The decision of the High Court proceeded on the ground that it was not shown that there were no similar Tenancy and Land Revenue laws in other parts of Rajasthan and the impugned Acts being ameliorative legislation designed to raise the economic status of the agriculturists in Mewar could not be said to constitute any discrimination merely because no such legislation existed in the other parts of Rajasthan. This difference between the two parts did not justify that such progressive and ameliorative measures for the welfare of the people existing in a particular area should be done away with the State be brought down to the level of the unprogressive States.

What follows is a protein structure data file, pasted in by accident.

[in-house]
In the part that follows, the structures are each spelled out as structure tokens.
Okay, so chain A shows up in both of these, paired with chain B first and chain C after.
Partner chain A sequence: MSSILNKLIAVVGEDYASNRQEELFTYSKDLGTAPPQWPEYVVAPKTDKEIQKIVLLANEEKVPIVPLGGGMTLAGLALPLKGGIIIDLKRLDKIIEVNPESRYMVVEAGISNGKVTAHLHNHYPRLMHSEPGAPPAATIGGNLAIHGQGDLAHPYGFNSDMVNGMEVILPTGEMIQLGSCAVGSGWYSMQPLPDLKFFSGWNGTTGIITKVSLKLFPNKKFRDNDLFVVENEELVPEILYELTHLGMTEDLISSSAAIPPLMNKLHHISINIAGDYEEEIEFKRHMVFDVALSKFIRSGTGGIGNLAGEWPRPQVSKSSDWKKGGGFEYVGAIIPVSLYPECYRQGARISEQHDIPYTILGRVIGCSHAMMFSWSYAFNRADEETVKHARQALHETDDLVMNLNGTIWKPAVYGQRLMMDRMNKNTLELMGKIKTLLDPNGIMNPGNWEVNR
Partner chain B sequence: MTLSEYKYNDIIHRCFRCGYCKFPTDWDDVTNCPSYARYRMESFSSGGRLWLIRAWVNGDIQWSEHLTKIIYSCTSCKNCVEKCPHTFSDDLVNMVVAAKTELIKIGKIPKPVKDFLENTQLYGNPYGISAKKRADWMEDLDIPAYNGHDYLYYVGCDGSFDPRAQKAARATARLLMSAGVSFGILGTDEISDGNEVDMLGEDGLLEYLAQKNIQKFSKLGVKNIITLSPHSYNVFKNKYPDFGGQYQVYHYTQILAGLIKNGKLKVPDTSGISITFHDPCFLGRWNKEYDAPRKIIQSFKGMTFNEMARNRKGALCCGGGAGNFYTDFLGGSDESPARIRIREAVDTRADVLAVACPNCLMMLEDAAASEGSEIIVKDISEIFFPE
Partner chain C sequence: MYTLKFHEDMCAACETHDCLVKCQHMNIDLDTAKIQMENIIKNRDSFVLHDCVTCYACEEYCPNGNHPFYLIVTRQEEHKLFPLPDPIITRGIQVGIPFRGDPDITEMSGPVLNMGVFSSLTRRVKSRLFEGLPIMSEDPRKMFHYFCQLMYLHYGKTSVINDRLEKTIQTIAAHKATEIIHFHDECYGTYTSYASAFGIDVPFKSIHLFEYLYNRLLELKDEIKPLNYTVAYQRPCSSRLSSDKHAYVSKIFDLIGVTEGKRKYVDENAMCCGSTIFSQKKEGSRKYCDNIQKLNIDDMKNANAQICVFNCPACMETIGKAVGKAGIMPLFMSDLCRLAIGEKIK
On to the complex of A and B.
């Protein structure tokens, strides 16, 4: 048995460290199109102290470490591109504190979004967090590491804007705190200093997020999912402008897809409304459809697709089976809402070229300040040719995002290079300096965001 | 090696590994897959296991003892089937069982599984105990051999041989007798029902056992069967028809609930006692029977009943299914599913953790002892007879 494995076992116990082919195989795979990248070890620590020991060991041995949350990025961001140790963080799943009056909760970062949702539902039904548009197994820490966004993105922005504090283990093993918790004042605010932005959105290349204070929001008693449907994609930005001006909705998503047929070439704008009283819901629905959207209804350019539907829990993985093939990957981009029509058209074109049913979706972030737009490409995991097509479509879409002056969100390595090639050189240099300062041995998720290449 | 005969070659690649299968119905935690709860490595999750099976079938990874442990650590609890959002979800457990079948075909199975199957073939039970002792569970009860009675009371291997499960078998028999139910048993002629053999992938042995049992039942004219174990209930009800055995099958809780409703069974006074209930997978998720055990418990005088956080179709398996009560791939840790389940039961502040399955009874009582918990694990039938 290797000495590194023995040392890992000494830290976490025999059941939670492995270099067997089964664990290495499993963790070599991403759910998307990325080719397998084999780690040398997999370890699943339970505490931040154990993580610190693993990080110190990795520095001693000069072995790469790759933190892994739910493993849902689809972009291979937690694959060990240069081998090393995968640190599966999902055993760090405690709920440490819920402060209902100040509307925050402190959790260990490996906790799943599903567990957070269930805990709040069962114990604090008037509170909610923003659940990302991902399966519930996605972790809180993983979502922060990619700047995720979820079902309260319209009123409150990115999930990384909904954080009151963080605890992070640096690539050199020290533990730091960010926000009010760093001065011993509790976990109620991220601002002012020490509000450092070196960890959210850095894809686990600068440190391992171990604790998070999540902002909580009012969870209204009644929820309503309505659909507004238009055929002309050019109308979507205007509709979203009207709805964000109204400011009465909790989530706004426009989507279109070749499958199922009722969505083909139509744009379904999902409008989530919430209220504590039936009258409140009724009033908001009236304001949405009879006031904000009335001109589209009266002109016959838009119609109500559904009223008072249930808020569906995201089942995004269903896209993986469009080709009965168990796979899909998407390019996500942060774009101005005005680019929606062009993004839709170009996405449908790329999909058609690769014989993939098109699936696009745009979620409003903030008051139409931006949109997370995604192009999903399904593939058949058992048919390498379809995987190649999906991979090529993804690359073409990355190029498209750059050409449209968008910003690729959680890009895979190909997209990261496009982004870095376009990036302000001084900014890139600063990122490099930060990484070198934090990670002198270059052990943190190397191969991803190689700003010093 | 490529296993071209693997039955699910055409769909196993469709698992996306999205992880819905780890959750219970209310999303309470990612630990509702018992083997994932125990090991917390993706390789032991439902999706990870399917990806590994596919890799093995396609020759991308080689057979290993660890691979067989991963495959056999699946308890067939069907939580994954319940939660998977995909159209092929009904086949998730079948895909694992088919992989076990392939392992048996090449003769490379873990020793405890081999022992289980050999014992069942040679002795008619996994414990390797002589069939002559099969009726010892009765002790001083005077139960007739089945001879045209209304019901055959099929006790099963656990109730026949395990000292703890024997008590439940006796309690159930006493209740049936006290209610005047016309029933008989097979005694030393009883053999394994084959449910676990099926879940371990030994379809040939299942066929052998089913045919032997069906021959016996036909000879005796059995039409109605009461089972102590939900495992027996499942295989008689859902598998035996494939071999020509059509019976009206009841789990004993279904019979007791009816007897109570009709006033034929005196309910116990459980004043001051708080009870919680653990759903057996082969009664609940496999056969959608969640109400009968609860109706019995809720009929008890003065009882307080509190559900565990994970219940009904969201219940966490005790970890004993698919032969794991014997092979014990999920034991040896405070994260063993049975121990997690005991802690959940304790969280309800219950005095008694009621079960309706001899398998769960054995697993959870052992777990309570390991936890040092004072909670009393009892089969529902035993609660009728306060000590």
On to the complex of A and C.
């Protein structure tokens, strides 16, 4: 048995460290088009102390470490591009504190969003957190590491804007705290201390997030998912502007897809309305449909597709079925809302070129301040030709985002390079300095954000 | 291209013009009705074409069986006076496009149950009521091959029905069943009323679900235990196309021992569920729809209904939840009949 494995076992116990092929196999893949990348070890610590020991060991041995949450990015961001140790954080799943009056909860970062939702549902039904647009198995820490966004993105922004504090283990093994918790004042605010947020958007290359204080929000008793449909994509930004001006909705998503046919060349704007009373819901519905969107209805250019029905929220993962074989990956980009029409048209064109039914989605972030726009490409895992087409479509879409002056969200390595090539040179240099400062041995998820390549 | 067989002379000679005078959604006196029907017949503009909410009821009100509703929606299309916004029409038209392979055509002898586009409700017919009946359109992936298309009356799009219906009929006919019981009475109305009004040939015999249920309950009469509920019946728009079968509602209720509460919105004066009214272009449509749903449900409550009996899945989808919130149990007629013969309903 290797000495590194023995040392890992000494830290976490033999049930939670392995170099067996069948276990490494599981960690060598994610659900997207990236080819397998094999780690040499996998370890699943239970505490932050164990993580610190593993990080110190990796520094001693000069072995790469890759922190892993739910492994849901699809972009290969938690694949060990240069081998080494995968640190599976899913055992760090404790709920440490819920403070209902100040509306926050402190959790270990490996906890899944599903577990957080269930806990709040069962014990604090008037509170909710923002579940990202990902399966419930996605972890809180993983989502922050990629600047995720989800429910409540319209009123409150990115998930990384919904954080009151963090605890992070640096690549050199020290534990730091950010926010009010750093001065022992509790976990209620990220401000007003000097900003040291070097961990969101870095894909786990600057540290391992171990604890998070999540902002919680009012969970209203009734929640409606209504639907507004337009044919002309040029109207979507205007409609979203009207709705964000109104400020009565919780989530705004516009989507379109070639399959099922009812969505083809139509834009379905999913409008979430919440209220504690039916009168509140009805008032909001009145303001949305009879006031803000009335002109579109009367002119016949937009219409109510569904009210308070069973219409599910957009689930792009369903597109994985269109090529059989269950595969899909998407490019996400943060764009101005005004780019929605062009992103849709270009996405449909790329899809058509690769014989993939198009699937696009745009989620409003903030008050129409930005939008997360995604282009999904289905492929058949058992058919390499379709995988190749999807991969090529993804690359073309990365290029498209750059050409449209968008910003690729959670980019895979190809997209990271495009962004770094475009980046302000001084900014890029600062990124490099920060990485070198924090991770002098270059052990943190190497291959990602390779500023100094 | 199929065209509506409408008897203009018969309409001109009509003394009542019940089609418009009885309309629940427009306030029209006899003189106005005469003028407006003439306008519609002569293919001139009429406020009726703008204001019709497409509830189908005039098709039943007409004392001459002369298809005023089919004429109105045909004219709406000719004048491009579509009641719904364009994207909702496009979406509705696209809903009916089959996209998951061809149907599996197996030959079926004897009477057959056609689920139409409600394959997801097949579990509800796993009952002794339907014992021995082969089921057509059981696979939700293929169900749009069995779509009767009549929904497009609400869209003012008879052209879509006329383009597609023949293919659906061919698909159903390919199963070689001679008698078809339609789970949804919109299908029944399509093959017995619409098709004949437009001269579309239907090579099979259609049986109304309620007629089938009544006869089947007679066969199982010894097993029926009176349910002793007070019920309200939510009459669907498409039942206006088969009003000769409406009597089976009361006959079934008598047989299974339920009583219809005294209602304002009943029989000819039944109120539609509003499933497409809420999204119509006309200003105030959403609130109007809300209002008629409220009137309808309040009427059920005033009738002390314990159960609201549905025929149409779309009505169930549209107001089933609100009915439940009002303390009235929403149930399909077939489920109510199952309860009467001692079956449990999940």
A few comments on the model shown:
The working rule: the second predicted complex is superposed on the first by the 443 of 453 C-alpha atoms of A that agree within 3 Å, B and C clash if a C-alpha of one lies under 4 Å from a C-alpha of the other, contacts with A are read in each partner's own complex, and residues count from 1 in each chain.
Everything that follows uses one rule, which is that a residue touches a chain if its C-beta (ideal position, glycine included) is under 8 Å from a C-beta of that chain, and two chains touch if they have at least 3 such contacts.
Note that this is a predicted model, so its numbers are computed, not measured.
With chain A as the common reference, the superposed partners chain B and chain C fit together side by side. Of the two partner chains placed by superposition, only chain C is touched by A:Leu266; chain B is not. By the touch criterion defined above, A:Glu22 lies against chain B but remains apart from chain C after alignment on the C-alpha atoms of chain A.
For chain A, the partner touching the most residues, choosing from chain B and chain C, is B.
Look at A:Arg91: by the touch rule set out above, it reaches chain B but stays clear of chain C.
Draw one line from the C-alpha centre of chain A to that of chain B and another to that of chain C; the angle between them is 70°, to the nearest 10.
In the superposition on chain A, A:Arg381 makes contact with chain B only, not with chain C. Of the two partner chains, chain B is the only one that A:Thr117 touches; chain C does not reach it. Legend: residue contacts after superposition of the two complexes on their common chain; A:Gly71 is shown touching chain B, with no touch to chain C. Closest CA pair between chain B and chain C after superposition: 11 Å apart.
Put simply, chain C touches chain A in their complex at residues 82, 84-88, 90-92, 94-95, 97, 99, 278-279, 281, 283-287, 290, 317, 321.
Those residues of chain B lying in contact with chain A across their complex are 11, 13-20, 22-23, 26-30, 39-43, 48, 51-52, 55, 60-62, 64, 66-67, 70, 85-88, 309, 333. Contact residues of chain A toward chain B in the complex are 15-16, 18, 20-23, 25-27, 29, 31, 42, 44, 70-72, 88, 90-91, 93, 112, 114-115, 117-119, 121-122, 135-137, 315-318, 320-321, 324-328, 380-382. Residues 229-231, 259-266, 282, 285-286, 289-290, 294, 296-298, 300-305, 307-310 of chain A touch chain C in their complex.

The judgment shows that the Bench far from going back on its previous view adhered to it and expressly distinguished the case under appeal before us on it special facts.
13. As a result of the foregoing discussion we hold that the view taken by the High Court is correct. We accordingly dismiss the appeal with costs.
14. Appeal dismissed.